If absolutely nothing else, the last several centuries have taught us that Shakespeare offers infinite room for experimentation, so the notion of a mounting that's as cold and doddering as its title character at his twilight is within the realm of believability. But three and a half hours, well over two of which bleed away before intermission, is a long time to stay in a sandbox. Literally: Miriam Buether's barren, Waiting for Godot–like set resembles the desert exhibit at a science center, with the dusty, grainy floor backed by three white walls and a chain link curtain that screams "harsh" with each (deafeningly) clanking appearance. From the opening moments, you interpret this atmosphere as unrelenting and unforgiving.
Yet if the work's point is that people must solve the problems inherent in the universe, isn't an all-consuming devotion to dread missing the point? By dividing his realm of England into three portions for his daughters Goneril (Enid Graham), Regan (Kelli O'Hara), and Cordelia (Kristen Connolly) based on how they proclaim their love for him, Lear is attempting to embrace order by imposing it unnecessarily, irregularly, and irrationally. When Cordelia refuses to play along, leading to her ostracization, then Goneril, Cordelia, and their husbands, the dukes of Albany (Richard Topol) and Cornwall (Frank Wood), savage Lear by rejecting him when he tries to live with them on the territory he gave them, he learns that in a very real way we're all helpless. But further events show that determination can turn even the most devastating tide.
MacDonald and Waterston, however, give short shrift to the second half of that by largely ignoring Lear's critical arc. The man is so feeble-minded from his first appearance that the character is as restricted figuratively as he is literally. During the famous storm scene, for example, in which a turned-out Lear is supposed to descend into primal helplessness, Waterston can only dial up the whine in his voice and trip about the stage with his trousers half off. This has no impact whatsoever; the visual of a grand ruler losing his dignity is considerably more powerful when he has a shred of it to begin with.
Not that MacDonald takes the storm itself seriously. More than once in the cues thunder precedes the lightning, and rather than terrifying with their primitive stature the bolts sound like the result of someone stepping out of a shower and onto an electrified bath mat. But beyond that, it affects no one onstage; every actor behaves as though it's rending the land somewhere else, and they've somehow wandered into the sole serene pocket of English real estate. This makes it rather difficult to take seriously the violent, degrading tendencies of existence the scene is supposed to represent. And once those, too, are gone, what remains of King Lear?
Certainly not enough in the main plot. Waterston is a fine actor, but his slow-brewing underhanded authority is not ideal in a role that requires a full-boil command of the stage over such a long period of time. The character must be supple of feeling, able to slide effortlessly between sanity that looks like madness and madness that provides a window into sanity; Waterston settles for the sheltered middle between those extremes, giving an irritatingly safe performance that doesn't expand into the furthest corners of this marathon part.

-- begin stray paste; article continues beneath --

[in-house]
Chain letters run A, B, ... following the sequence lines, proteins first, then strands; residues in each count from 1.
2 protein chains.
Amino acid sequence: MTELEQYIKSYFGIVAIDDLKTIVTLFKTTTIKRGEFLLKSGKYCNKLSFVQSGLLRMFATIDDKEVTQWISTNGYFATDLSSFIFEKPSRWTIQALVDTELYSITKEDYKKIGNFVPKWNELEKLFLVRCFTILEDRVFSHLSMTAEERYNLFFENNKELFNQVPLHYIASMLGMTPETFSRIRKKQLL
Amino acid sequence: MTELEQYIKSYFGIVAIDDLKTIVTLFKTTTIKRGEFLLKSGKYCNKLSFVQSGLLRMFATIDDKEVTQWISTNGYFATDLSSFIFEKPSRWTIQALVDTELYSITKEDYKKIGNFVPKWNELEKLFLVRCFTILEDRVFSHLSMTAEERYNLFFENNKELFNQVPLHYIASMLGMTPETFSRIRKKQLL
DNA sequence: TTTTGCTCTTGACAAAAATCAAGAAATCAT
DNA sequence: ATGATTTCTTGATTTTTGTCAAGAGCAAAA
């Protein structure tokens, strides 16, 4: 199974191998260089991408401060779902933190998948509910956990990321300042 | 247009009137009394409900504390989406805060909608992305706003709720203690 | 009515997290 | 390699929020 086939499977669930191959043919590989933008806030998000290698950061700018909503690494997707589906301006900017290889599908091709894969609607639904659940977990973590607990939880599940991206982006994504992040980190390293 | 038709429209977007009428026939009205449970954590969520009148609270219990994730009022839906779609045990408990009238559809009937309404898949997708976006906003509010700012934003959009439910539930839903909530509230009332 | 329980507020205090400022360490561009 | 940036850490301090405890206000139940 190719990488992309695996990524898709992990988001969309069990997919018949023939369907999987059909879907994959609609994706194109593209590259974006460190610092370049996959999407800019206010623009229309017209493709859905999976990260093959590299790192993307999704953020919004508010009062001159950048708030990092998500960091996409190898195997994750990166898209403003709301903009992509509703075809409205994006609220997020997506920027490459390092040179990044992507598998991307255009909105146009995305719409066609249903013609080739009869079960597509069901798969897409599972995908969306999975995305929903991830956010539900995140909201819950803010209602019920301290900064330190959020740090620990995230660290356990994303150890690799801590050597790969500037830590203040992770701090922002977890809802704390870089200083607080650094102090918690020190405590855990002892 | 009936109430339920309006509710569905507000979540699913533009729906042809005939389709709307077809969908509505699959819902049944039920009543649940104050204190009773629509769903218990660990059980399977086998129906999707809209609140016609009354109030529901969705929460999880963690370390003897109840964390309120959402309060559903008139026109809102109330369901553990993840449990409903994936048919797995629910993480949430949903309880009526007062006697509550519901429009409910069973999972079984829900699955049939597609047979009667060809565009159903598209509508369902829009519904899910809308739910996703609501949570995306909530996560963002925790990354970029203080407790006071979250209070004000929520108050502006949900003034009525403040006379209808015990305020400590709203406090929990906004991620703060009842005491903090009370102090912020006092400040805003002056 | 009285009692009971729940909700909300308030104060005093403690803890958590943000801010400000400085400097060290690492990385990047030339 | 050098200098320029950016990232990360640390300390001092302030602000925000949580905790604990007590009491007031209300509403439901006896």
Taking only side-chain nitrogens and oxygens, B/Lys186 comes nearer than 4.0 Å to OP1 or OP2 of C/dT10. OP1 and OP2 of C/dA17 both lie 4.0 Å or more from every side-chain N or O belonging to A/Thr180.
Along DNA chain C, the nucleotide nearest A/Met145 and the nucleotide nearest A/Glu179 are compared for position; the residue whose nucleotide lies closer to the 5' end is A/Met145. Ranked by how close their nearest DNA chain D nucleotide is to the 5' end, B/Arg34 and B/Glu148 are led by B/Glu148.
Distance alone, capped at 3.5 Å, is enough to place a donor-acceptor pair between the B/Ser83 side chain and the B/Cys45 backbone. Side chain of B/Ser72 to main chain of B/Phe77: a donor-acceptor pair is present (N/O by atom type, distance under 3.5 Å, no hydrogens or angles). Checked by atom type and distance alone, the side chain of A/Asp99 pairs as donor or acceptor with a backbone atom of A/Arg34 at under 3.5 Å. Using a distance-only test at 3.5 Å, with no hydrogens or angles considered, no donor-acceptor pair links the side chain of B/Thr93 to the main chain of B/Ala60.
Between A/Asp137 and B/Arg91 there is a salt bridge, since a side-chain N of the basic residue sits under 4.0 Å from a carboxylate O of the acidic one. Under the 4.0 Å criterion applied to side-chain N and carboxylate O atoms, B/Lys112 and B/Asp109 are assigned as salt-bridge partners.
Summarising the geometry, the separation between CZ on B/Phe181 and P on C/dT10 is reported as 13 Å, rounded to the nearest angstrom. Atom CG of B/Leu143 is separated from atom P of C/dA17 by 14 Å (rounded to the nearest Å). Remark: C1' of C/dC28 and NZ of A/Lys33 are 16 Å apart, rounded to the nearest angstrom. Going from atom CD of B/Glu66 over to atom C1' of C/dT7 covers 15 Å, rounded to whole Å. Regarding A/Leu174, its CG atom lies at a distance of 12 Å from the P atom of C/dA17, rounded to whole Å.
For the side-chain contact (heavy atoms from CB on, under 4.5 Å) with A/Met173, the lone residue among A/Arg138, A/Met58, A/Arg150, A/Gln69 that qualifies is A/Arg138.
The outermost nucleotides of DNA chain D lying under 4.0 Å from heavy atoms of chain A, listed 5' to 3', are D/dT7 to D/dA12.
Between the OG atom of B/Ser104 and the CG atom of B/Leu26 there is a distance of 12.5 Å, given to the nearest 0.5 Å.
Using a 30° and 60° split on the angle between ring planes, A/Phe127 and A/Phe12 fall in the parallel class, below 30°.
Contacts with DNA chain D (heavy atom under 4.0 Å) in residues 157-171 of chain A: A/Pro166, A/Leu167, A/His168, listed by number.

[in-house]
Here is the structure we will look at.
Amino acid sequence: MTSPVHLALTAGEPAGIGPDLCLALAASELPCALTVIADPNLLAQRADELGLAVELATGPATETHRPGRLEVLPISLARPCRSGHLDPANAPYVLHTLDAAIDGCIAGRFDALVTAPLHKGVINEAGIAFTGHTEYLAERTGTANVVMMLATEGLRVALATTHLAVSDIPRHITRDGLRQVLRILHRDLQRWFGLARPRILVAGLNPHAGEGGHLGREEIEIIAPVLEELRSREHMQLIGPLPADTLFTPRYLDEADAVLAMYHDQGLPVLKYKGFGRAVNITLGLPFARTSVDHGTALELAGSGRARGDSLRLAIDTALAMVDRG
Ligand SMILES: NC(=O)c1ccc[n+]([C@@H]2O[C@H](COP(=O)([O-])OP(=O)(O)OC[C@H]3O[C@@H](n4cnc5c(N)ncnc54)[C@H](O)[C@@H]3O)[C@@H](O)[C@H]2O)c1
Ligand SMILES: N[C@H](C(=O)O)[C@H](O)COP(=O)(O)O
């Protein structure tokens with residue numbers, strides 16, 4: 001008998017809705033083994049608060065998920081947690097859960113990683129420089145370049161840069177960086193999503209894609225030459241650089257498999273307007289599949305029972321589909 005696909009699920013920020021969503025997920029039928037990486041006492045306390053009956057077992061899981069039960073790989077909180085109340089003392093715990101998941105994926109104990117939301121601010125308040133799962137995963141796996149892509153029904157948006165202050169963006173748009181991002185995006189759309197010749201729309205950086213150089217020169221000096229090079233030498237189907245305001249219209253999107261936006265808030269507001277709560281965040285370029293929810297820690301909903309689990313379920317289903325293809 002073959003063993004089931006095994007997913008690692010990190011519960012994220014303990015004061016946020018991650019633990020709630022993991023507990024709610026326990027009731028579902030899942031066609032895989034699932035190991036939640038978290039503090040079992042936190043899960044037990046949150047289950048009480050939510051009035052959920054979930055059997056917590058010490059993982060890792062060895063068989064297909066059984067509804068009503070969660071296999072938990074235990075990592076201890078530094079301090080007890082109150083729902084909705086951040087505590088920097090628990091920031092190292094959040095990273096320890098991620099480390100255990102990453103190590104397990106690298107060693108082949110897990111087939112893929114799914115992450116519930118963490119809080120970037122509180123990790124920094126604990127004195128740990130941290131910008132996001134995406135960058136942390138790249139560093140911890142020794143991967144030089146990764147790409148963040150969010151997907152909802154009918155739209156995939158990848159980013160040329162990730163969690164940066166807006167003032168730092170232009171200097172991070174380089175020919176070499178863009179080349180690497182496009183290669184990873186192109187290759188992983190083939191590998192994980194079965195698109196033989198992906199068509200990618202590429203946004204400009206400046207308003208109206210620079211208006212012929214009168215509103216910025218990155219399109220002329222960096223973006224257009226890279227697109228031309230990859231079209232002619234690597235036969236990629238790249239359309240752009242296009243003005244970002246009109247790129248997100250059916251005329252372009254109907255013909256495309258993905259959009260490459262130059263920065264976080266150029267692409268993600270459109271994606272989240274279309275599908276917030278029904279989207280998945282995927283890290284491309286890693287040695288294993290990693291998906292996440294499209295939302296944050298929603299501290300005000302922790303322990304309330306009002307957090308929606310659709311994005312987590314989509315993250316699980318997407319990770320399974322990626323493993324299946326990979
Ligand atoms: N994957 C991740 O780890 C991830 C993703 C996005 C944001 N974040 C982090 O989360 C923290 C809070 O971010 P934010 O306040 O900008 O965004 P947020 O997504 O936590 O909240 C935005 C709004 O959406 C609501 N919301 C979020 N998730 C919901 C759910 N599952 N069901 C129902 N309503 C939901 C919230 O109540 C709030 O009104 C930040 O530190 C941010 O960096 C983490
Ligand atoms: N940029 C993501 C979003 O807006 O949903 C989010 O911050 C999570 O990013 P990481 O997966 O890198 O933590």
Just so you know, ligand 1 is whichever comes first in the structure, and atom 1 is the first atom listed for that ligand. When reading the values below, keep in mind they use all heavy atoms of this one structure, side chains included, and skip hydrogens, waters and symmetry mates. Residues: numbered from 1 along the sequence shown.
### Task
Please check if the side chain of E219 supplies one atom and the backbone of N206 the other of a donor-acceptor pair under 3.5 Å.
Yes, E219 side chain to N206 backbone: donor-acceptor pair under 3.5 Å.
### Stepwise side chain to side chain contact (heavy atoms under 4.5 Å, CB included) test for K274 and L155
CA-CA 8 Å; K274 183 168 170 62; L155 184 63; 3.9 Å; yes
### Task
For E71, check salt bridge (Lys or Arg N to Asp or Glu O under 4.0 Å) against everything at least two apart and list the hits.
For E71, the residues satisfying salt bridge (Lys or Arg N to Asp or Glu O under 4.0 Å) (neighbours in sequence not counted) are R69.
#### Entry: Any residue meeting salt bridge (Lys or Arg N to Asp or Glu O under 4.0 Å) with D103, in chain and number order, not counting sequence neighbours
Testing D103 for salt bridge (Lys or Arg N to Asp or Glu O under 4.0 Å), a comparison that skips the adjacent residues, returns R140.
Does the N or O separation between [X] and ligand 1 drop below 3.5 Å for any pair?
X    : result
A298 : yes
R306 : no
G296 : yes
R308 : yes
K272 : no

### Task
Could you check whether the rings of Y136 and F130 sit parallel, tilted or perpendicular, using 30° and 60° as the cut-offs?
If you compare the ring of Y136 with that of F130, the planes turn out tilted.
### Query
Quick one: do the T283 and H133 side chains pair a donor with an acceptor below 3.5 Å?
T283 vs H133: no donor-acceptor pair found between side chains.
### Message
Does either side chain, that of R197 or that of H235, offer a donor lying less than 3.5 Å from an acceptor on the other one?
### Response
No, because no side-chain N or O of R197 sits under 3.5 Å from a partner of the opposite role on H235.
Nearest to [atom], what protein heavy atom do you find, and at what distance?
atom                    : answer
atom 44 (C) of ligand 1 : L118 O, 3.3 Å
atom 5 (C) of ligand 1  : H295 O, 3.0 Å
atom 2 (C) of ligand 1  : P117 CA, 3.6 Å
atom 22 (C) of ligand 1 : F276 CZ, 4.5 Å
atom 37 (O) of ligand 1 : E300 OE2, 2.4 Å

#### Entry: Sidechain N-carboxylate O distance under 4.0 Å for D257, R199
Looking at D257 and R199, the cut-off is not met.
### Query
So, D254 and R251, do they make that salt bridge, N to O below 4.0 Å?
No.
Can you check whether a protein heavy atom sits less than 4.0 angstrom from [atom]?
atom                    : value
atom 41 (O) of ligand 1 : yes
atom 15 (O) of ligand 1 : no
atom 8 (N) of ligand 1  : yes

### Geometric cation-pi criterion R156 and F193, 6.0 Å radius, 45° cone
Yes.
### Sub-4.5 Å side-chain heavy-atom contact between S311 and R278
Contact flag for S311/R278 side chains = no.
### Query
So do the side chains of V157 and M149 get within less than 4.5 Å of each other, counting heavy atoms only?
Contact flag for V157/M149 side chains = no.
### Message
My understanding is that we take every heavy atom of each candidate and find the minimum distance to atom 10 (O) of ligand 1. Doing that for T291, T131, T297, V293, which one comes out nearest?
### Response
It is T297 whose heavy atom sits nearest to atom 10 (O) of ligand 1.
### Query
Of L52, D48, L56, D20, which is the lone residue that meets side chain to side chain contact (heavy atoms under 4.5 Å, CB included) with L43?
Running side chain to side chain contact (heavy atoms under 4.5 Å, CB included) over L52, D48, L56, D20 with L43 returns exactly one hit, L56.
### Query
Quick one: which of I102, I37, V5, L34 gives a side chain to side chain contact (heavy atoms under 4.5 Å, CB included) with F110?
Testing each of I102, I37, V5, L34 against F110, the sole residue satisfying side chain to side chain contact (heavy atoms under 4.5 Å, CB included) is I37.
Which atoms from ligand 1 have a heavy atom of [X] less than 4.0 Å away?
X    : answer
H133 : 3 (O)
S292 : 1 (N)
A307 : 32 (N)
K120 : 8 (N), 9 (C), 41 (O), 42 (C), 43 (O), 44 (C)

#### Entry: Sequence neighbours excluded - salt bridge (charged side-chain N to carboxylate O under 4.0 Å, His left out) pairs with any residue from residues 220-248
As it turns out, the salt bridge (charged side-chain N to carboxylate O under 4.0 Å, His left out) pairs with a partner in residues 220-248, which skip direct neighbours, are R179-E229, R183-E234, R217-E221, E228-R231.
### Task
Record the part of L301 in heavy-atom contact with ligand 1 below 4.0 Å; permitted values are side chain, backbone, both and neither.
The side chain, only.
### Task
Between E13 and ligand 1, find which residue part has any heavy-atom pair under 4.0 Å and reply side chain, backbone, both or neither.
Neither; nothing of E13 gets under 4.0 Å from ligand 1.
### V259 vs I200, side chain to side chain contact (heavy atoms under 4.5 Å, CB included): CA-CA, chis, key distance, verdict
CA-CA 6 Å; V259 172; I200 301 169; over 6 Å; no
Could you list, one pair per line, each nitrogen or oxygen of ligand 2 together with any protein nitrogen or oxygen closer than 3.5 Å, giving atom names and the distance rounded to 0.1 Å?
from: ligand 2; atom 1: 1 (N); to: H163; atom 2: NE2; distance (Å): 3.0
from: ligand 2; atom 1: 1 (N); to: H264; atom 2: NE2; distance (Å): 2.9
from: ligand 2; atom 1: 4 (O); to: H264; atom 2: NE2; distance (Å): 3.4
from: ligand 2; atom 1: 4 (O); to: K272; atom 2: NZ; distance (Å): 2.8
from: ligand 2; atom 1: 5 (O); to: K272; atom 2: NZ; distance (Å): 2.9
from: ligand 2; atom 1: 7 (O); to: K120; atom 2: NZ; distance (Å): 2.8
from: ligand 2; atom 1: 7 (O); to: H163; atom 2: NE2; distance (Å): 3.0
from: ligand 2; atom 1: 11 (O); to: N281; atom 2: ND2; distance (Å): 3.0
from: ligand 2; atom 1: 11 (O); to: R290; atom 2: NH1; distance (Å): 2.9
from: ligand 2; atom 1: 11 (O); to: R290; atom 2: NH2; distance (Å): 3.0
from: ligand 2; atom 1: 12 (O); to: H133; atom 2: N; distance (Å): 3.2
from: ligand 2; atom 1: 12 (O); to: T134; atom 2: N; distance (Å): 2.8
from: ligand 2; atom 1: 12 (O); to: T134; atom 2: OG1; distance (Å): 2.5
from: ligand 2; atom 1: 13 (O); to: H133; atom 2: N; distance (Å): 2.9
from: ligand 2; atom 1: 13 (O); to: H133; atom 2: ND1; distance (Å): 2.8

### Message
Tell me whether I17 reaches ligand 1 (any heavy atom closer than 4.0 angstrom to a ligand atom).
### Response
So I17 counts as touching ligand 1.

Luckily, Graham, imposing and regal of stature, makes a legitimately threatening Goneril that reinforces the core conflict. Topol has trouble justifying Albany early on, but proves much more dynamic after his mid-story change of heart. Things are better still thanks to the strong Edmund and Edgar of Seth Gilliam and Arian Moayed, their bickering fraternal dynamics and especially Moayed's darkly feigned insanity emanating the heat that's absent in the Goneril-Regan scenes. John Douglas Thompson is a convincing Kent, and Bill Irwin is (no surprise) ideally cast as the Fool, dispensing sensibly underplayed council and never overdoing it with his omnipresent ukulele.
Most interesting of all may be Michael McKean. As Edgar and Edmund's father, Gloucester, he fulfills a role similar to that of Lear, but without starting from the same initial high point of exaltation. Though McKean is a bit unsteady finding his launching point, he becomes unusually touching and even sympathetic as Gloucester sees the error of his ways and strives to make amends for the actions he took in rending his own family. By the end of the play, McKean has made Gloucester pitiable but not pallid—a crucial distinction that should apply to Lear as well.
Alas, neither Waterston nor MacDonald obliges. They depict him as a generic victim of time for whom redemption is pointless, someone already in freefall and not worthy of a parachute. Perhaps their view is that Lear's simplistic thinking does not merit any kind of reward, and that what befalls him is what's coming to anyone who values platitudes over substance. That may be a smart way of looking at it, but by denying us a cogent study of this complicated man and the world he lived in, they ultimately do little more than scratch the surface of King Lear.